When good mates Sophie Moran and Olivia Taylor pooled their funds to buy a 1969 Zephyr caravan for conversion, they had ambition in spades “but no bloody clue what we were getting ourselves into,” laughs Sophie, as she begins her story.
“She had a couple of beds in her, a kitchen table and everything else and we had to get in there with crowbars and rip her apart. And then we discovered asbestos and a heap of other rubbish – so it’s been a little bit of a journey!”
But like all good journeys, along with the troughs come the peaks, and just a few months after finishing off their remodelling and launching The Huntess, the bookings are already flowing in.
For the last fortnight, the Zephyr (christened Janice by her new owners) has been stationed outside the Spiegeltent at the popular Harcourts Hawke’s Bay Arts Festival each day from midday to midnight, feeding hordes of hungry festivalphiles in between shows.
With about a dozen foods trucks already in operation around the Bay, dishing up a range of cuisines (of varying quality) the women knew they needed to find a genuine niche. The Huntess’ food is grunty, not glamorous – gastro-pub fare served from the caravan window.
“It’s gourmet junk food,” confirms Olivia. “We do a good burger that tastes amazing and doesn’t compromise on a single ingredient. Our dumplings are handmade, our fish is fresh, and we make our paua wantons from scratch. There’s nothing paleo, or keto, or whatever – but we definitely do gluten-free and veg/vegan options.”
Fun and flavour are the priorities – the loaded fries are jammed with chilli and bacon, we try the beef burger and find the patty is perfectly seared, beautifully blush inside, with a slab of cheese and huge dollops of caramelised onions, and the prawn and pork dumplings are juicy and plump.
Game is also a focus, with their prime venison and tender beef sourced locally from Hastings outfit, Beard Brothers.
But Sophie is quick to point out that The Huntess is no one-trick pony. “We can do custom menu packages for weddings and private functions that are quite different from our event offering. It’s an exciting way to serve food and we love to develop a menu for the occasion and the venue – that way we stay fresh and interesting.”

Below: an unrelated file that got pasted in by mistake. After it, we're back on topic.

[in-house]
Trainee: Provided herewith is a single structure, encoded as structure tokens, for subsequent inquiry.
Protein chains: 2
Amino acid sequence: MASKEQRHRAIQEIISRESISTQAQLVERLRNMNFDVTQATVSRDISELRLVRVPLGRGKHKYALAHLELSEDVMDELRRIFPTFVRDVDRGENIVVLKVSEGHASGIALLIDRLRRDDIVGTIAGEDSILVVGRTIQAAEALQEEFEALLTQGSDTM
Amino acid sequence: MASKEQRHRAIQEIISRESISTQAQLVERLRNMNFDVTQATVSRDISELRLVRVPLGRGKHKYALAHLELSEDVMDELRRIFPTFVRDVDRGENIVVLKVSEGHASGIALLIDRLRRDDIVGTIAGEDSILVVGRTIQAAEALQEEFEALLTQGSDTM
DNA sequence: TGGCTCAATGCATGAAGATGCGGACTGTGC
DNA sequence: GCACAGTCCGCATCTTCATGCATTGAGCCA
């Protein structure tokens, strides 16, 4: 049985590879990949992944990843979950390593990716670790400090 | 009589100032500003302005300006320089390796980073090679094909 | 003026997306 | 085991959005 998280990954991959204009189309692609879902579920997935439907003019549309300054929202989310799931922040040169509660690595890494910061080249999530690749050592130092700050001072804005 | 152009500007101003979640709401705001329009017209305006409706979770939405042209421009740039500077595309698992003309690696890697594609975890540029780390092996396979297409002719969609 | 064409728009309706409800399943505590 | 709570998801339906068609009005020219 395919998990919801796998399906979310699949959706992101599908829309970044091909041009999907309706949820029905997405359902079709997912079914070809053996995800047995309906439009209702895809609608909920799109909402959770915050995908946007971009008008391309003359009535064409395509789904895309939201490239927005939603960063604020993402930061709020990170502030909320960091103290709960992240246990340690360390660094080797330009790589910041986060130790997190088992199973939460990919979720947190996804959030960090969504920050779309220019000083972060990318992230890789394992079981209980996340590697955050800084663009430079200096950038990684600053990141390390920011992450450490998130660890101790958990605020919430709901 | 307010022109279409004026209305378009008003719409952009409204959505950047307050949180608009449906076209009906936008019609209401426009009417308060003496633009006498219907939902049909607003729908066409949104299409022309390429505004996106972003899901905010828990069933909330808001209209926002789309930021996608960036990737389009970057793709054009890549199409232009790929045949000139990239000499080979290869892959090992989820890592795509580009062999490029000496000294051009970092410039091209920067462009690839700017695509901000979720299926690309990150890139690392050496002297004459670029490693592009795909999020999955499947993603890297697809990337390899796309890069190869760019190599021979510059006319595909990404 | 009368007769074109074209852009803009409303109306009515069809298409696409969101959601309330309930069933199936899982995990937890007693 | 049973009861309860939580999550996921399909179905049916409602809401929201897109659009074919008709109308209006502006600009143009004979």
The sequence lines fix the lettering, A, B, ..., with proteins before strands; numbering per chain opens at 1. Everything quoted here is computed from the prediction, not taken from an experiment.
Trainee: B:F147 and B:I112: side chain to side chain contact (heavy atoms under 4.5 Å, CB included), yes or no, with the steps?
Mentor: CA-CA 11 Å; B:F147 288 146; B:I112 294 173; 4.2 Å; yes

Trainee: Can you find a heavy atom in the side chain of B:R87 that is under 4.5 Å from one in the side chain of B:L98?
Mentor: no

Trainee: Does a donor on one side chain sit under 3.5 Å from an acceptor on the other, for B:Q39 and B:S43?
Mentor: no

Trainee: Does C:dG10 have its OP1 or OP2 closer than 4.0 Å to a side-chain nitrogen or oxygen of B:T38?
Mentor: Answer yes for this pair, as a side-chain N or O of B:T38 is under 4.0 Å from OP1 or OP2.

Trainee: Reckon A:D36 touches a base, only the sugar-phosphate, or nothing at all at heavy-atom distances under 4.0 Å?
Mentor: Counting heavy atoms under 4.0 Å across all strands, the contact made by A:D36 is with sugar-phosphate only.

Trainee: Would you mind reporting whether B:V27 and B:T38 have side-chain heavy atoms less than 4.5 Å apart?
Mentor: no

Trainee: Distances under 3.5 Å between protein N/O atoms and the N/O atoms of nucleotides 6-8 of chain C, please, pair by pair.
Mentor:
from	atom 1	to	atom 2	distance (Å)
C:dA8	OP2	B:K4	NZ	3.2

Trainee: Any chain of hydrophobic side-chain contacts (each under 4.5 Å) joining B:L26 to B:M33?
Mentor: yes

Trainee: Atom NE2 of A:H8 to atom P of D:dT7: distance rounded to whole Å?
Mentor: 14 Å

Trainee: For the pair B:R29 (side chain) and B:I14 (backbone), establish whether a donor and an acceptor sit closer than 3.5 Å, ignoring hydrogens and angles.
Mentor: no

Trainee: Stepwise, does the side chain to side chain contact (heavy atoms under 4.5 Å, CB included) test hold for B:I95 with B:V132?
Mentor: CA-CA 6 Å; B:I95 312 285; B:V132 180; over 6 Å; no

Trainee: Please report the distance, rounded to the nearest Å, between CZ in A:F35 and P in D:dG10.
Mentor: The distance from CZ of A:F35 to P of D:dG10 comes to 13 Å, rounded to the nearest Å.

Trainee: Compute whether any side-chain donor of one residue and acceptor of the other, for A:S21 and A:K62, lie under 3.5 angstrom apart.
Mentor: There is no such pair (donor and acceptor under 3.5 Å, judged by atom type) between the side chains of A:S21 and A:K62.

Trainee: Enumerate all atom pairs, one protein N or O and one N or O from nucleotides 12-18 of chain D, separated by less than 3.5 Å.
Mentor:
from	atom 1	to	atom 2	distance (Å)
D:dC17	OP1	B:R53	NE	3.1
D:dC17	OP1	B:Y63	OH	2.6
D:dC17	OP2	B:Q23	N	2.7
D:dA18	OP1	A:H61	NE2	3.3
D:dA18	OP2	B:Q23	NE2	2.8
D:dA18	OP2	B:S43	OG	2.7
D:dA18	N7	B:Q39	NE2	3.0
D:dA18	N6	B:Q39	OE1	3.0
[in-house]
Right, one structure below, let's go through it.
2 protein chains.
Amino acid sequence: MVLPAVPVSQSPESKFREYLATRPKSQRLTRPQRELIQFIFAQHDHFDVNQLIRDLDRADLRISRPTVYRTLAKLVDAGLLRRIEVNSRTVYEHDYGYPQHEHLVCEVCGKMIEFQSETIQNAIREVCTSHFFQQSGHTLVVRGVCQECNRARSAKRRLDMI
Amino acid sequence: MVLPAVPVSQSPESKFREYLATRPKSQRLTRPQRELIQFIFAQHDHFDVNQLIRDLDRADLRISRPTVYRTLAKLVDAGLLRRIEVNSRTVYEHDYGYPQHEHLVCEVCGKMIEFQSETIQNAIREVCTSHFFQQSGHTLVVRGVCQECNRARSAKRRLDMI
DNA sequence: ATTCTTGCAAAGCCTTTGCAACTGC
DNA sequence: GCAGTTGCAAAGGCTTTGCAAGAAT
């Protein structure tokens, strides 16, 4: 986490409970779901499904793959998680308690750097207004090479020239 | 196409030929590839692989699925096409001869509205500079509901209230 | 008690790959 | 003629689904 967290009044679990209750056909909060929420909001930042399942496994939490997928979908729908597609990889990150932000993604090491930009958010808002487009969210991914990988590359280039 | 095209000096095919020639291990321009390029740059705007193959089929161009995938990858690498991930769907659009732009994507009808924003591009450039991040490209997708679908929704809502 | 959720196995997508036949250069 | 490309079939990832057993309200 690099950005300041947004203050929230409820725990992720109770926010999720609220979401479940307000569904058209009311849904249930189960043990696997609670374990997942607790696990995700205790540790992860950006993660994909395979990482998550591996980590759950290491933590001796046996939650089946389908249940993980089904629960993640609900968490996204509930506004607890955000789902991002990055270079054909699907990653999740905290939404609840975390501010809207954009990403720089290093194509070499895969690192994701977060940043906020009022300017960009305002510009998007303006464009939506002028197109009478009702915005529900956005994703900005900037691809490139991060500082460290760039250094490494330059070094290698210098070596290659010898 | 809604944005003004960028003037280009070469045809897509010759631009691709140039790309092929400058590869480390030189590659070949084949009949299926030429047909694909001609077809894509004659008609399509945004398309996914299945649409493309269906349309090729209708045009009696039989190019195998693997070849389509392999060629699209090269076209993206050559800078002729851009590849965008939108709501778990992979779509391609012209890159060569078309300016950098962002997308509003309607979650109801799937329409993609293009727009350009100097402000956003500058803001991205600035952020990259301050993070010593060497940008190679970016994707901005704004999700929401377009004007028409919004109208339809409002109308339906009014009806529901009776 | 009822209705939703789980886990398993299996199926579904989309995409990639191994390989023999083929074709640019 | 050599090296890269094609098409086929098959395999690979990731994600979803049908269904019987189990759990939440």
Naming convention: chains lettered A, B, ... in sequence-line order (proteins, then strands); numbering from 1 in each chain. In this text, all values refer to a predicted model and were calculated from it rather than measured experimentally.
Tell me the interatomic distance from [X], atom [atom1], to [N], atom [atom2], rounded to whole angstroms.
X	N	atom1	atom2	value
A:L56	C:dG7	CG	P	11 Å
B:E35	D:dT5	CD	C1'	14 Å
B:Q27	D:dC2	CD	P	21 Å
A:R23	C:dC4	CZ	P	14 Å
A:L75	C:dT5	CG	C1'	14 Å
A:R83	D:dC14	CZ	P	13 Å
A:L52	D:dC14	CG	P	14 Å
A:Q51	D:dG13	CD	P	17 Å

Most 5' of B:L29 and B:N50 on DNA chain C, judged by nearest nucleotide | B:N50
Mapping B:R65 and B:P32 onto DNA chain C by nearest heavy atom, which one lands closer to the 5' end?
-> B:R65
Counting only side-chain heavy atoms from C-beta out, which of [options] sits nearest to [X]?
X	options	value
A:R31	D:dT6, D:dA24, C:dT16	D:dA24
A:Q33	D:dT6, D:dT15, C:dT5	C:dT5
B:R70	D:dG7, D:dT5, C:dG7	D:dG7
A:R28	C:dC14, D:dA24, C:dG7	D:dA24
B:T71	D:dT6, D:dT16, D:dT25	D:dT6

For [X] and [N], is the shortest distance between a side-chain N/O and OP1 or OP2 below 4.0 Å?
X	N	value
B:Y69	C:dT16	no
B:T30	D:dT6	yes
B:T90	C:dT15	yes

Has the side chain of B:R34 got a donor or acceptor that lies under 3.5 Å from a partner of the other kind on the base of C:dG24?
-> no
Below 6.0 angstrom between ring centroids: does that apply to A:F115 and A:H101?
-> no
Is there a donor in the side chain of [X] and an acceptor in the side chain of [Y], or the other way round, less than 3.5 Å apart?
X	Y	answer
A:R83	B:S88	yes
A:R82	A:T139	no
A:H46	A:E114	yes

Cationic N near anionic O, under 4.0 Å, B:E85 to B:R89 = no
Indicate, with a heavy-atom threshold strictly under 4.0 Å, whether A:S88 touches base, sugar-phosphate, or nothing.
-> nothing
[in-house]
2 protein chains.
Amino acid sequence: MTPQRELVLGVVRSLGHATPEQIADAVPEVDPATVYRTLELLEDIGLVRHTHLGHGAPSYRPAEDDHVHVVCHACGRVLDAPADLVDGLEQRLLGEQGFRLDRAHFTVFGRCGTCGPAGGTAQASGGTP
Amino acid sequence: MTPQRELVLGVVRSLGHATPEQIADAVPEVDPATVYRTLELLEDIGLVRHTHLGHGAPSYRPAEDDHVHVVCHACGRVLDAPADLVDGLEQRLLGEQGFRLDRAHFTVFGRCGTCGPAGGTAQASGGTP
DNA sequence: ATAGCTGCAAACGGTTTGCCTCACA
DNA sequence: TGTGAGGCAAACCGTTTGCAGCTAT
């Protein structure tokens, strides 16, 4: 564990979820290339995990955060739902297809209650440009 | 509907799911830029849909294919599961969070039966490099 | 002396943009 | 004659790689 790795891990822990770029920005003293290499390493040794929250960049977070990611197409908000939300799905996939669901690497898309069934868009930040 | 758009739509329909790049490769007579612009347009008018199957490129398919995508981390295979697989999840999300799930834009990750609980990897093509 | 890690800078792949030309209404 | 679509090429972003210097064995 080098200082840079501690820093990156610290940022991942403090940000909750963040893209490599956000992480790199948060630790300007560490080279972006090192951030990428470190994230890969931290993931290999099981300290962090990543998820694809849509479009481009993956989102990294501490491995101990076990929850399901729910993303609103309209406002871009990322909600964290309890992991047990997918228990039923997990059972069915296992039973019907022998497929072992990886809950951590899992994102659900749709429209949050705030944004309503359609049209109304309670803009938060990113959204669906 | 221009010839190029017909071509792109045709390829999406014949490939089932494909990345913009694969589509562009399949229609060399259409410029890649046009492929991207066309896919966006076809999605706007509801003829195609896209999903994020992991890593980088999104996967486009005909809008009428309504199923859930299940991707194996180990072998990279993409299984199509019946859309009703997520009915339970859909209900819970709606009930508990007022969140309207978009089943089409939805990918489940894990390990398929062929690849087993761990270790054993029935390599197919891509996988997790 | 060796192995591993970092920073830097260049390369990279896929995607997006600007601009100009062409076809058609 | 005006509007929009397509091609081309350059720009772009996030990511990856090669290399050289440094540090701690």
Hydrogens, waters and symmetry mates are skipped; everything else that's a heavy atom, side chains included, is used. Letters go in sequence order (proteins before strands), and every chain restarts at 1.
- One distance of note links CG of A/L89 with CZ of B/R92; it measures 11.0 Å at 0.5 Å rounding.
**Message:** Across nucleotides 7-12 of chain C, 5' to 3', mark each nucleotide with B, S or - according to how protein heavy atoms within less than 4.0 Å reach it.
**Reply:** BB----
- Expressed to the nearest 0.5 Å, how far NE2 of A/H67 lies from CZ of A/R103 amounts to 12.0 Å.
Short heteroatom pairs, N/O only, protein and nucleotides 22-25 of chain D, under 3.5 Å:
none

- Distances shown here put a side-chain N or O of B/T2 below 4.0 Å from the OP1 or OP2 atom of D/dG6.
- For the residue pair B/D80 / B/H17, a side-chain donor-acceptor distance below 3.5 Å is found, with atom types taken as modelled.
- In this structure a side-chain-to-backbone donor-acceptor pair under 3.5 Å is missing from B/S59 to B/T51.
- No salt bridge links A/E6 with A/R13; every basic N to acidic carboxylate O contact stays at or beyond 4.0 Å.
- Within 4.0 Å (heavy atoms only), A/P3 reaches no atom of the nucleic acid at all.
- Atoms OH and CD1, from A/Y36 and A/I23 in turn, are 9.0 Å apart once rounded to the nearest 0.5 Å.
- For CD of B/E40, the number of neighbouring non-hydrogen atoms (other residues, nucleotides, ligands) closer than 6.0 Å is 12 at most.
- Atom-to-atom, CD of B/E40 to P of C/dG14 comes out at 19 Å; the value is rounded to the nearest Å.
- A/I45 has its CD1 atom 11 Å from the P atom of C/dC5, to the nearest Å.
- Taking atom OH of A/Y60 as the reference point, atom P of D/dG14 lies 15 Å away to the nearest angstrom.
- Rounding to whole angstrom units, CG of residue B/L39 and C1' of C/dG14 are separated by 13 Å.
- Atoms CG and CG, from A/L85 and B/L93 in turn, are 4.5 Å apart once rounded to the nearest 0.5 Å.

With five kids between them, (the youngest is a one-year-old) launching and growing a food business has thrown them some huge hooks, but Sophie says they refuse to compromise on their standards to save time (or money). Olivia is the beancounter while Sophie relishes the role of Head Chef – or, as Olivia puts it “I’m Batman with the books, and she’s Robin – while she’s Batman in the kitchen.”
To manage costs, the pair recently came up with the ingenious idea of “popping up” in Sophie’s beachside community of Te Awanga when they had overruns. “We don’t like using frozen stock, ever, so if we do an event and have leftovers we head over to the hall near home, park up, and, honestly, we sell out. We’ll be 10 orders deep from the moment we open, and the community loves it.”
The friendship needs managing too, says Olivia. “We try to have time together that doesn’t involve work. And yeah, we have had moments when we don’t speak for five minutes over something – but then one of says something stupid, we laugh, and we move on!”